When he started out as an actor, Sean Murray knew he was launching a career that usually doesn't have much in the way of job security. As it turned out, he's been playing Timothy McGee for 18 seasons on the CBS drama "NCIS."

"In this business, especially as an actor, that just does not happen very often," Murray said. "Shows are not meant to go that long usually, so it is definitely a unique position to do one character and one job for 18 years. It's wild."

But it wouldn't have happened had the character not evolved. "We had those conversations right at the beginning," he said. "McGee started out as this rookie agent, but I remember saying, 'I don't want it to be like baby Maggie Simpson where every week you revert to the same character; there has to be growth.' And I think that McGee has probably changed over time more so than any of the other characters on the show."

McGee is a computer nerd. Murray is something of a computer nerd himself, he admitted, which makes it easy to deal with all the techie jargon. But it doesn't always work out quite as neatly as he would hope.

"There was an episode where I had mountains of dialogue in every scene," he recalled. "And the pace of shooting television is just go, go, go, go. As soon as you finish a scene, you have to be ready to go on the next one, and it might be four pages of dialogue."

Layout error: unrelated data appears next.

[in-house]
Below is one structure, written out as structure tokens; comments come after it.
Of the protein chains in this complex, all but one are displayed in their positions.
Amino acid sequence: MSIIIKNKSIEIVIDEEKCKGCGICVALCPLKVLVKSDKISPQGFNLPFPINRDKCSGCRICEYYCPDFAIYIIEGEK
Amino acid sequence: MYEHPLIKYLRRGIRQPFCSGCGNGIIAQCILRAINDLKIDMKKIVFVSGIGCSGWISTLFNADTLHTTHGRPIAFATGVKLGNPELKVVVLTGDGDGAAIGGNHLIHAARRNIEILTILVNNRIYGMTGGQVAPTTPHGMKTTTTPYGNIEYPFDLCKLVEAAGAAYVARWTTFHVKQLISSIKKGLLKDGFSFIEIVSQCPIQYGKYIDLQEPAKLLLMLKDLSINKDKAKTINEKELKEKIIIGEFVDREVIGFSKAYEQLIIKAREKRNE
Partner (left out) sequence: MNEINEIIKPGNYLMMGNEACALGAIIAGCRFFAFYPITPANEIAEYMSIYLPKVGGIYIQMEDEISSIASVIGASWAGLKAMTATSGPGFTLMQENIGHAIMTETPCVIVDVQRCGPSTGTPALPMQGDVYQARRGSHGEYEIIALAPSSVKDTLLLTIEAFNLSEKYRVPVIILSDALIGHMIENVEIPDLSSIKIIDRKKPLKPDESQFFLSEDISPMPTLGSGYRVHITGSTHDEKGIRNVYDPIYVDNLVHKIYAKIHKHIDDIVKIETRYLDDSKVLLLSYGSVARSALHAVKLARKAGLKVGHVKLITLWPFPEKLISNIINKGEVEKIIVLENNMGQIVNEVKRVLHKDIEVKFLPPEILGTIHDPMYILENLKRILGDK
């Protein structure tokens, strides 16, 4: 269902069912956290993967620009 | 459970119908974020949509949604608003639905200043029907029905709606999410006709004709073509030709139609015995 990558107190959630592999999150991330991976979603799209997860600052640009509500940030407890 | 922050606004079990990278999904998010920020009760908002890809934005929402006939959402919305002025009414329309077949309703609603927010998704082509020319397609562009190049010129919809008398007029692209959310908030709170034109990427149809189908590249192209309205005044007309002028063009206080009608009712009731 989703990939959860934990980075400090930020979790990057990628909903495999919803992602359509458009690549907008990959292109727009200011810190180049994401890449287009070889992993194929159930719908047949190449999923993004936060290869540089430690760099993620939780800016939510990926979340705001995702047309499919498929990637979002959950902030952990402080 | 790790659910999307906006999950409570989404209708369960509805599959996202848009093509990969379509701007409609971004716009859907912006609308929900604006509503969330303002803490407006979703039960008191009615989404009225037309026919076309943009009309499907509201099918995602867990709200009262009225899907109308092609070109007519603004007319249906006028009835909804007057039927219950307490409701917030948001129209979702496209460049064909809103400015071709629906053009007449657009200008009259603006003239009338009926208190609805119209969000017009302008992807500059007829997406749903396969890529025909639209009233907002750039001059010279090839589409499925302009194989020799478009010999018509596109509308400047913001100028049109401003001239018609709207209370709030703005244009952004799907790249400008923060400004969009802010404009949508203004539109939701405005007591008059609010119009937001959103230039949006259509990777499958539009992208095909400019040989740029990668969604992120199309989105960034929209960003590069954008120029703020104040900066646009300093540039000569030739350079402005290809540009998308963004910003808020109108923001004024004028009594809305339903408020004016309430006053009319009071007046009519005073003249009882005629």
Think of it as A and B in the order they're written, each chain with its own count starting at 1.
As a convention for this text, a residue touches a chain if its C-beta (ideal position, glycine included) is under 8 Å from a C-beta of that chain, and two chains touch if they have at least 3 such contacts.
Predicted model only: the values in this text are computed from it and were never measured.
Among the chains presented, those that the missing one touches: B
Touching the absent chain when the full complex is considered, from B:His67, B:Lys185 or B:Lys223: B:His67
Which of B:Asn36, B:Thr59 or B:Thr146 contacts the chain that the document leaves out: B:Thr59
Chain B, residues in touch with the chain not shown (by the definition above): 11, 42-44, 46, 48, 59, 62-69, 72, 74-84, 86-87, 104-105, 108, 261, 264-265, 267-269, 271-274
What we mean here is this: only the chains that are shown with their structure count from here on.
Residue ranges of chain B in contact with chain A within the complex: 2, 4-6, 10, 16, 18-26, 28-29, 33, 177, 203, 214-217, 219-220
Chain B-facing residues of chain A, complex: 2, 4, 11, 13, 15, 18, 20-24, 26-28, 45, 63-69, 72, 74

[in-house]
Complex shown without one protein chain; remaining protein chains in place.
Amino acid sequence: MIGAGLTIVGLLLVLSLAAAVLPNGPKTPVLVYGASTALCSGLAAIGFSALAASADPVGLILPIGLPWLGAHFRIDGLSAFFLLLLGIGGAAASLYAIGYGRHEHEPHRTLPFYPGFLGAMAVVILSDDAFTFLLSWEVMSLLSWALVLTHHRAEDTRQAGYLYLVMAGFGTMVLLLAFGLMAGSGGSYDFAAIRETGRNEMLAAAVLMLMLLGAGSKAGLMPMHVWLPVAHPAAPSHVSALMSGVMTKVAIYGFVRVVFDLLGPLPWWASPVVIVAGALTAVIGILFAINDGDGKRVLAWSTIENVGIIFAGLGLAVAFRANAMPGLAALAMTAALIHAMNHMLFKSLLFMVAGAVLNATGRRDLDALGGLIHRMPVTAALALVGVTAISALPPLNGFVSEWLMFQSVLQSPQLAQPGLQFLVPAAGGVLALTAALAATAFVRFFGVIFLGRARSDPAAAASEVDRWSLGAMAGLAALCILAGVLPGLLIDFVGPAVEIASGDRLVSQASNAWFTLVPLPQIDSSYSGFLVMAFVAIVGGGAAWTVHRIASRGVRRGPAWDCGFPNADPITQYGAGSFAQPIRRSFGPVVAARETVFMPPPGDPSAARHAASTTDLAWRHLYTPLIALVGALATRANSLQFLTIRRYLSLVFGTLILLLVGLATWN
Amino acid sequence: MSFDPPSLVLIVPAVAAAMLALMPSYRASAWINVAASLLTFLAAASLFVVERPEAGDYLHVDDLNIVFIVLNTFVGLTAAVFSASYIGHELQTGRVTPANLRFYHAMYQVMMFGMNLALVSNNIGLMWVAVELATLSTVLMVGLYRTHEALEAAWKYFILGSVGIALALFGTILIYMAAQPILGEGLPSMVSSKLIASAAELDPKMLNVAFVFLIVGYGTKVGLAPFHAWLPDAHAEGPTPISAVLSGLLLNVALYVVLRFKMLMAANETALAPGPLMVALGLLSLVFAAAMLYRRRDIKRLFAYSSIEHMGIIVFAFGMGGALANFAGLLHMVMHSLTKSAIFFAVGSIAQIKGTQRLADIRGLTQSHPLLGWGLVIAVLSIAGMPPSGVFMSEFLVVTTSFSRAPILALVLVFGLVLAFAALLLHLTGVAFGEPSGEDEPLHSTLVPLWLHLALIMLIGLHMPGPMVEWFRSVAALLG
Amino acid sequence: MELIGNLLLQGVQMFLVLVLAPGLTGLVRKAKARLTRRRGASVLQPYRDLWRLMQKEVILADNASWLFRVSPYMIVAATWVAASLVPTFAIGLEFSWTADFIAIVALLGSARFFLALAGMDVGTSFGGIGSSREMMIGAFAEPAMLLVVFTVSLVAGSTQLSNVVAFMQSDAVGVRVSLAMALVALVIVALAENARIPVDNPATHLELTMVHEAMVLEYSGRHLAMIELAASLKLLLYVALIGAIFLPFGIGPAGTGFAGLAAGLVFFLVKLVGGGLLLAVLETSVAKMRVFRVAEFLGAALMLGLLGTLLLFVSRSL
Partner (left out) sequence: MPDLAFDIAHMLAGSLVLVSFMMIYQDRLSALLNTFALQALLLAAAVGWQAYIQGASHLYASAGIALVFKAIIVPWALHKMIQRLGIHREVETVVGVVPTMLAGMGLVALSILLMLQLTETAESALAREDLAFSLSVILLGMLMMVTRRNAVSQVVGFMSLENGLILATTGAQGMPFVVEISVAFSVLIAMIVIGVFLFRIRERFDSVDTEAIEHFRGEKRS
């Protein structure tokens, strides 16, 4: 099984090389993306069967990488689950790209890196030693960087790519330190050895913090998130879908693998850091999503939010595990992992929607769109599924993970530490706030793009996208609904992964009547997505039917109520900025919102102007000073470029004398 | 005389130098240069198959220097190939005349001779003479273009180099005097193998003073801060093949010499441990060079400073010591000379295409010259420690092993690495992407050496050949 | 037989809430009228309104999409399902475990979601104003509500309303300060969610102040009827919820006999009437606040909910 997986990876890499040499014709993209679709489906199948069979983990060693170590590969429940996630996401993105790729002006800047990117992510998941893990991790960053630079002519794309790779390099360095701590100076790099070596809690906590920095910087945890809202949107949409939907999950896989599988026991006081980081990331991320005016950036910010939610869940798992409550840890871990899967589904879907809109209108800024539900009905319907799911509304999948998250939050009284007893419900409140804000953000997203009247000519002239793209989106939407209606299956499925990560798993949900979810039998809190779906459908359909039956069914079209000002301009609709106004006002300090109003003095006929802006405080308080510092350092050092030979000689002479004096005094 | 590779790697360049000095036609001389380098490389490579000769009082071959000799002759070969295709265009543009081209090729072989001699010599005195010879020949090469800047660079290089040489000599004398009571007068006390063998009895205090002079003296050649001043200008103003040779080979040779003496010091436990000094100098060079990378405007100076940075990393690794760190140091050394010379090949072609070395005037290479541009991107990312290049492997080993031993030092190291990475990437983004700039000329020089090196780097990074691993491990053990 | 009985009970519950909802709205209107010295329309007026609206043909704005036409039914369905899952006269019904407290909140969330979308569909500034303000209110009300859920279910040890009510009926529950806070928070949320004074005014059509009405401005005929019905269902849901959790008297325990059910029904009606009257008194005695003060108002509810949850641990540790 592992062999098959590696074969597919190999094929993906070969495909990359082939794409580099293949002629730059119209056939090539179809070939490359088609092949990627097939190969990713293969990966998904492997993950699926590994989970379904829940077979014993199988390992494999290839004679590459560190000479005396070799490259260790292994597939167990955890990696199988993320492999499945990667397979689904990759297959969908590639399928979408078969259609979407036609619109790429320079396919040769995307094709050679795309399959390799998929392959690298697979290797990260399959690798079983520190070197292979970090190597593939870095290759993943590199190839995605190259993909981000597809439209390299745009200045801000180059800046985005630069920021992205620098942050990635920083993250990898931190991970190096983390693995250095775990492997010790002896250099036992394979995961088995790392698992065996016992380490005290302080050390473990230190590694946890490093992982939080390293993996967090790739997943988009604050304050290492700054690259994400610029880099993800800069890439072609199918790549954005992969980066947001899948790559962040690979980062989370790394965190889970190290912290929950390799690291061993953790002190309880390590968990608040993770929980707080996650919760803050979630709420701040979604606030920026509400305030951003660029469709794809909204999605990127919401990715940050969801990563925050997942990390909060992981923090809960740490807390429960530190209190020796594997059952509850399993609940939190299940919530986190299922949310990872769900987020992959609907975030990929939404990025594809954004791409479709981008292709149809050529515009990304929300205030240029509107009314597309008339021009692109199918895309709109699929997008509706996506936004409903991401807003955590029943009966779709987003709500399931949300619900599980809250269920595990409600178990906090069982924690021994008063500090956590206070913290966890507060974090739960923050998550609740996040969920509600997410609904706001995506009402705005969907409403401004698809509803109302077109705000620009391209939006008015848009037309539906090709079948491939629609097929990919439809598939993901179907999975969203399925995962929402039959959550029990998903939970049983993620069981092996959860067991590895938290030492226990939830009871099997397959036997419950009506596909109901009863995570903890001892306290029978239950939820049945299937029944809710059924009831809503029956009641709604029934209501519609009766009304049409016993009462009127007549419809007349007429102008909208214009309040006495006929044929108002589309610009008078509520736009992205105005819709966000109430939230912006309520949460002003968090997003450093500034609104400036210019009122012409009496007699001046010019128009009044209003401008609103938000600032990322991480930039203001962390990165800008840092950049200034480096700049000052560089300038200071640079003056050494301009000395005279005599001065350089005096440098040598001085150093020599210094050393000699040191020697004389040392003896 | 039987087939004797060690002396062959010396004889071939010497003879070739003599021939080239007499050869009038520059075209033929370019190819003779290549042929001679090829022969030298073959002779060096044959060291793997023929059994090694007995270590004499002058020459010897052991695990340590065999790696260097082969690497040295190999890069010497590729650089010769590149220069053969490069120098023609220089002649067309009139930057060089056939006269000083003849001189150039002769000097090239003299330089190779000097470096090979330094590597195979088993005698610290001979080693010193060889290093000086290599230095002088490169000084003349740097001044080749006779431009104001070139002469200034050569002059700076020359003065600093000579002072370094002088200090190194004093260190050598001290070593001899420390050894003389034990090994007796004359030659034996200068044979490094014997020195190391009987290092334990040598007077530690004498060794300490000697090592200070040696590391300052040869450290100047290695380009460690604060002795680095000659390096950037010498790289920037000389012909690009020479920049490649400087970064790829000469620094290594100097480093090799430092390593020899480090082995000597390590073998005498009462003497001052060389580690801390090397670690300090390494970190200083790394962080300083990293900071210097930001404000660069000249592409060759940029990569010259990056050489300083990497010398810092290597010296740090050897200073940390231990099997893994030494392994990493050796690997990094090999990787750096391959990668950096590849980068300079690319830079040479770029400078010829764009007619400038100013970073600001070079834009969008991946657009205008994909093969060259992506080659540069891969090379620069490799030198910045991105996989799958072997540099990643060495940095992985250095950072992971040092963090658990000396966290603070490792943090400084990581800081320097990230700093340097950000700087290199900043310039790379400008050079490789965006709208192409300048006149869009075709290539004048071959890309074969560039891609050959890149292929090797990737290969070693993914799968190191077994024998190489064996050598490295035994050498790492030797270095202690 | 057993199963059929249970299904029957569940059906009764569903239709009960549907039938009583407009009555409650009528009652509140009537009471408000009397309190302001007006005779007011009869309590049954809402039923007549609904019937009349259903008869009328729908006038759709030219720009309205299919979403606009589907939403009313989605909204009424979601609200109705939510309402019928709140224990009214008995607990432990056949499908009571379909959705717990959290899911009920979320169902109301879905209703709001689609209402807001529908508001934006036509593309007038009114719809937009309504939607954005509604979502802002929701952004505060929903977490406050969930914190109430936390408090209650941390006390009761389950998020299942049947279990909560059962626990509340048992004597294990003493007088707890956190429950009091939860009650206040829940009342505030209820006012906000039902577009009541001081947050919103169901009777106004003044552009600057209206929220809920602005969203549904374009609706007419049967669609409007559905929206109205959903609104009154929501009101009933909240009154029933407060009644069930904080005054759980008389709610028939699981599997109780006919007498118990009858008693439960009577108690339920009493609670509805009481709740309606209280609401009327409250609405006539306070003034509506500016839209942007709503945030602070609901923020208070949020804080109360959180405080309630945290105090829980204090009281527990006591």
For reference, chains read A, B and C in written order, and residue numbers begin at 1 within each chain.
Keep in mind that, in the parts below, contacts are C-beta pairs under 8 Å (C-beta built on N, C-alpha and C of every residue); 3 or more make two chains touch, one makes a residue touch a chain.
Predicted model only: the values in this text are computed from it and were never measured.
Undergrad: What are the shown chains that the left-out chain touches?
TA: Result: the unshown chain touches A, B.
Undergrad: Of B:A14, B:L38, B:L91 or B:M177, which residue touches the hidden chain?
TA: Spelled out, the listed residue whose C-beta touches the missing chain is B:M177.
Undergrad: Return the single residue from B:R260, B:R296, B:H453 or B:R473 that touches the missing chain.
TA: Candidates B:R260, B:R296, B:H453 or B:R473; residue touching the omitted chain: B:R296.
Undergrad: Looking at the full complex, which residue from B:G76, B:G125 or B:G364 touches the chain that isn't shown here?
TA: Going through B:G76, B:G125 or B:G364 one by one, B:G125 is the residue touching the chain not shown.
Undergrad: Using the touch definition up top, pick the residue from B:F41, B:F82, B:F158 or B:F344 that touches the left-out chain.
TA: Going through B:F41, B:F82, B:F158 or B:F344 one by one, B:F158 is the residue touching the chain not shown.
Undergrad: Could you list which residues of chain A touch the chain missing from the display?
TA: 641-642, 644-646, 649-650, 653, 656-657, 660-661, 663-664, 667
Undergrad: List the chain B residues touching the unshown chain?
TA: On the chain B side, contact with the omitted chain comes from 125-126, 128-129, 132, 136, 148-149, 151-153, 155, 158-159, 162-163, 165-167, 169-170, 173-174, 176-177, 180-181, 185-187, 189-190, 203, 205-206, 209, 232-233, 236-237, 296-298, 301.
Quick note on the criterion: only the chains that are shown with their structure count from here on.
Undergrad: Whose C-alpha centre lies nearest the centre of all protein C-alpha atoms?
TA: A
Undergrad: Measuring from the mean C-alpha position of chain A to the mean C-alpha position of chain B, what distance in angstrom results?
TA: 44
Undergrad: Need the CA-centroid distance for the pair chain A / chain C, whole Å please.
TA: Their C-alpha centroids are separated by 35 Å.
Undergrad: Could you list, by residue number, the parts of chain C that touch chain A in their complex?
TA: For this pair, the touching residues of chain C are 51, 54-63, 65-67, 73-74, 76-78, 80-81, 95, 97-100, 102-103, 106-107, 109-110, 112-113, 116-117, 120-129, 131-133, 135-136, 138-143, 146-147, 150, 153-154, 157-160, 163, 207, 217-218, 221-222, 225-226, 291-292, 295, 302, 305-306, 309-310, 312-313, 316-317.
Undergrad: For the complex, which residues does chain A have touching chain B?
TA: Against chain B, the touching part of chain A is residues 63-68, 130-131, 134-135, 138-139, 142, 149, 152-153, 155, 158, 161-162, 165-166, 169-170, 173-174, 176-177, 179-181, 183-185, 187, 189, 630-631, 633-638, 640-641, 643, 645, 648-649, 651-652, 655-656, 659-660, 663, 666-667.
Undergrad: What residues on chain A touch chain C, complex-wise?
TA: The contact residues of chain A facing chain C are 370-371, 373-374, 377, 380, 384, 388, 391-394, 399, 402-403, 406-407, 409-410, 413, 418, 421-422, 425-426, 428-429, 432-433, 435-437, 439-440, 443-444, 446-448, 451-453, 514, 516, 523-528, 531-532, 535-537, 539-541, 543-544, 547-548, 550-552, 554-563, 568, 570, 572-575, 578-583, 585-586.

Brain overload

"I was doing a scene with Pauley Perrette in Abby's lab, and I had a monologue. And because of all the dialogue memorization I had done for this episode, my brain just hit a wall. I remember feeling panicked and looking at Pauley after rehearsal and saying, 'I'm not going to remember a word of this. I can't do this.'

"Pauley said, 'Sean, we've all had that happen. Here's what I want you to do: I want you to take a piece of paper and write your monologue down, and I want you to stick it on the computer in front of you and I want you to read it as if you're saying it to me.' "

He initially refused, responding that it wasn't professional. "But it became a matter of pure survival; you're there to get things done," he said. "So I did it [laughs]. I wrote down the monologue and I stuck it to the computer and I read the entire thing during the scene, and I felt like the worst actor in the world."

It wasn't the first time he'd had to fake it. When he was starting his career, he got a role in 1992 in the TV series "Civil Wars" in which he played a tennis pro.

"The shot was set up so that I was supposed to just serve the ball, and the other guy would miss it," he said. "We tried to do it about eight times, and I couldn't get it over the net. The whole thing was so bad that they ended up having someone throw the ball over the net from off camera, and then I ran in like I had just hit the ball."

Living with the memory of that embarrassment, it was hard for Murray to watch the "NCIS" episode in question.

"I was so scared because I knew the scene was coming up, and I was so nervous to see what was going to happen," he said. "And none of it looked fake in any way! I was like, 'Wow, I guess I pulled it off.' "